Wednesday, 12 December 2018

Caversham Heights History Society

WITH the growing interest in the possibility of locating Henry I’s remains beneath the ruins of Reading Abbey, similar to the discovery of Richard III in Leicester, it was apt that the last lecture of this season’s programme for the society should have focused on the abbey during its heyday.

On April 5 John Mullaney, former owner of the Caversham Bookshop, enthralled members with his talk called “Life in Reading Abbey, 1121 to 1539”. He talked about the purpose of medieval abbeys, their importance to local communities, their development and what life was like for the occupants.

Reading Abbey was a Benedictine foundation linked to the great French abbey of Cluny.

It was essentially a monastery made up of single monks who lived in community, each with their own cell and with a small patch of garden.

There were also convents but, contrary to general belief, these could be for both men and women. They were less important than abbeys but nevertheless fulfilled an important role in society.

There were several thousand monasteries in Europe during medieval times, the largest being Cluny which was 600ft long and 218ft high.

If we compare this with St Paul’s Cathedral, which is 580ft long and Reading Abbey, which measured 400ft long, the scale of these buildings can be appreciated.

John then looked at the purpose of these abbeys, the daily life of the monks and their artistic achievements.

There were two key precepts — work and prayer (laborare et orare) and ministry to travellers, the sick and needy and pilgrims.

The building of Reading Abbey, which was to become the largest in the country, was begun by the monks of Lewes Abbey in Sussex and there were close links with Leominster in Herefordshire with periodic exchanges of monks.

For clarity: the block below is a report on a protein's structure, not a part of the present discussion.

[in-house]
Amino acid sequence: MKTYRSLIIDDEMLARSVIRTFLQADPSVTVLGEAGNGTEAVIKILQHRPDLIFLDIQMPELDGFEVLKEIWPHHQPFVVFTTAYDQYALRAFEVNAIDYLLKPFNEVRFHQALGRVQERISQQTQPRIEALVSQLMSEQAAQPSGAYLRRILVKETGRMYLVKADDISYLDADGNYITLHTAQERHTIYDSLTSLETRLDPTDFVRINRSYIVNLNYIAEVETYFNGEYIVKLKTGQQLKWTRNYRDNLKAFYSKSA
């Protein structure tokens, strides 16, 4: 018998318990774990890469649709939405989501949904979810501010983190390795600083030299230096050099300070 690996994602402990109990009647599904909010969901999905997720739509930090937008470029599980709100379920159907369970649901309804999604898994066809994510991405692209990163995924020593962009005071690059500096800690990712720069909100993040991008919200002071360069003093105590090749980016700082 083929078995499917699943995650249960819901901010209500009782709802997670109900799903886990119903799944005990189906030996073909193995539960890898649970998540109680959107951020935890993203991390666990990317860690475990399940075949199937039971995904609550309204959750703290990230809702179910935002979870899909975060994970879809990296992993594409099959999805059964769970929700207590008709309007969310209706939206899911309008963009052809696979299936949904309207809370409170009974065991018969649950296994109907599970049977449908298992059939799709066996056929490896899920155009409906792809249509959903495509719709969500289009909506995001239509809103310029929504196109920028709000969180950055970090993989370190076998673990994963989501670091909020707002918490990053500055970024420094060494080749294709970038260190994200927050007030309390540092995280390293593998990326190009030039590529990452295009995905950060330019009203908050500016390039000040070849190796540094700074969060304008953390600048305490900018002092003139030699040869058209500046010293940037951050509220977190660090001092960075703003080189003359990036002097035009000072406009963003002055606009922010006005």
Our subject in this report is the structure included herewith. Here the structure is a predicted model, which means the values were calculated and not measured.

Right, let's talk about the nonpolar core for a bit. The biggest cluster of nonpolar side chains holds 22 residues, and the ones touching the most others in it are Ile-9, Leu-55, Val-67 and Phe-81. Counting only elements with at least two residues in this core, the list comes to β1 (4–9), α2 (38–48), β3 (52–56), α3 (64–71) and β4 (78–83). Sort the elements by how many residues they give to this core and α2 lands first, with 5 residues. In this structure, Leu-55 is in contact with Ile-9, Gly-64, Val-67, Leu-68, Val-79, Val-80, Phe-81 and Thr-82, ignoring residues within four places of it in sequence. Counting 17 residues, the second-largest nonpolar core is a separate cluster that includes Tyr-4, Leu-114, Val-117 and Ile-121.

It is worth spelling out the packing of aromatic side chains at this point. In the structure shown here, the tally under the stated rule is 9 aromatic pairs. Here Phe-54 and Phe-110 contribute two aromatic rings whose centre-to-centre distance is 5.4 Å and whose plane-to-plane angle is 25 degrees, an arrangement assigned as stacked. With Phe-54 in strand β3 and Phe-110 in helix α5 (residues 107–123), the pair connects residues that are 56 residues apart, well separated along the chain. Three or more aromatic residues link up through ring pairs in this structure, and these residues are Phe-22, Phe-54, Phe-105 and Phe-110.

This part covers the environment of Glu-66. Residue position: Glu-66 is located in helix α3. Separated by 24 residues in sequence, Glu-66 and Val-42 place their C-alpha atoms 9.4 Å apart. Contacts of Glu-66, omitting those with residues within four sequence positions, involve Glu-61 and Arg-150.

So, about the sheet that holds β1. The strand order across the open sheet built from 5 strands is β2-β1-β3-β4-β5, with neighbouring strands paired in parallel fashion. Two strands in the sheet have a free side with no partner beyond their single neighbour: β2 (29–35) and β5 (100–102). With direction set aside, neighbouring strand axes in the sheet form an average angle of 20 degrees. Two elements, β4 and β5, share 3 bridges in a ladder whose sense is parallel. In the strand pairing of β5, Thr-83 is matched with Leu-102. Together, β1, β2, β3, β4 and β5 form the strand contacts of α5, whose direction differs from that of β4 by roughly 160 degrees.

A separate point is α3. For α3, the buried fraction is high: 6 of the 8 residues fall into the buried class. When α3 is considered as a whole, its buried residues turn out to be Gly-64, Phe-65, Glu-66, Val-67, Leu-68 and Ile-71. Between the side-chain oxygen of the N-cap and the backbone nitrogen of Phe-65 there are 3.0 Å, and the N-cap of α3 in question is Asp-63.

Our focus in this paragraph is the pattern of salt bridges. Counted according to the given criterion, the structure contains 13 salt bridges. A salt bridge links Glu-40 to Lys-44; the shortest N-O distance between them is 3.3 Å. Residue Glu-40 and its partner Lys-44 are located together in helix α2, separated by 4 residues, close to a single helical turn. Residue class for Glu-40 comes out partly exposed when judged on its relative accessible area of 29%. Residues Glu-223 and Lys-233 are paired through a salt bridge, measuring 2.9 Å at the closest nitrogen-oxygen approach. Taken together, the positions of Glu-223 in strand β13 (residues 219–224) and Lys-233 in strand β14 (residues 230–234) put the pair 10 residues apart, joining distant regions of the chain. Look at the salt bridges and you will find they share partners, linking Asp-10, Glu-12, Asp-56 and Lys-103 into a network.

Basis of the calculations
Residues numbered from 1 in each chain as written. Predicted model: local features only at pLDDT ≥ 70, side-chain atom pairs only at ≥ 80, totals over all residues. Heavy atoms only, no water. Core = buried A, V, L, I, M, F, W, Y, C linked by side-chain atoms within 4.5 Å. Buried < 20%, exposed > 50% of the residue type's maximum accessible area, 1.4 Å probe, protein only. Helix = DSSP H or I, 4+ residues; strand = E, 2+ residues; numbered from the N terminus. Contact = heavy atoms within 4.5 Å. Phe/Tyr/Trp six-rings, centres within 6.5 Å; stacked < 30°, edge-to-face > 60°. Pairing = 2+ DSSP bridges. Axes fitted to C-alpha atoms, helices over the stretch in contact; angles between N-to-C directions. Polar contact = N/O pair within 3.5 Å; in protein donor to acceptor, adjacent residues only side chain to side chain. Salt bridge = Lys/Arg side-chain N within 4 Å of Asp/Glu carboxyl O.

Life for the inmates was very structured and controlled, with severe punishments handed out for misdemeanours.

Each day began at 6am and ended at 6.30pm, the day being punctuated with services at different times.

The monks were expected to know the Bible inside out, to be able to debate theological issues and to both read and compose music as well as sing plainsong and harmony.

They specialised in stonemasonry, carpentry, agriculture, horticulture and medicine and pharmacy using different herbs.

They also designed stained glass windows and illustrated some amazing manuscripts.

Much of their legacy has continued to influence the church through the ages.

The Bible was central to everything that happened on a daily basis.

Several things set Reading Abbey apart from many others. It came under the jurisdiction of the Bishop of Salisbury and was located at a key juncture for the many pilgrims coming from the Continent.

It was designed to be the resting place for monarchy, hence the return of Henry I’s remains for burial there.

It was also very wealthy. By 1539, at the time of the dissolution of the monasteries by Thomas Cromwell on behalf of Henry VIII, its income was £2,000 per annum compared with the average of £200 for most monasteries.

The number of monks living there varied between 50 and 100. Far from being lazy and sexually immoral, as suggested by Henry VIII, most of the monks were extremely hard-working and upright though there were inevitably a few who misbehaved.

John illustrated his talk not only with pictures and photographs but also with different musical examples.

Although this was a fascinating and well-presented talk, it was unfortunate that those at the back were unable to hear everything partly because of microphone problems.

It is hoped that these will be resolved before next season.

For more information about the society, visit our website or email contact@caversham

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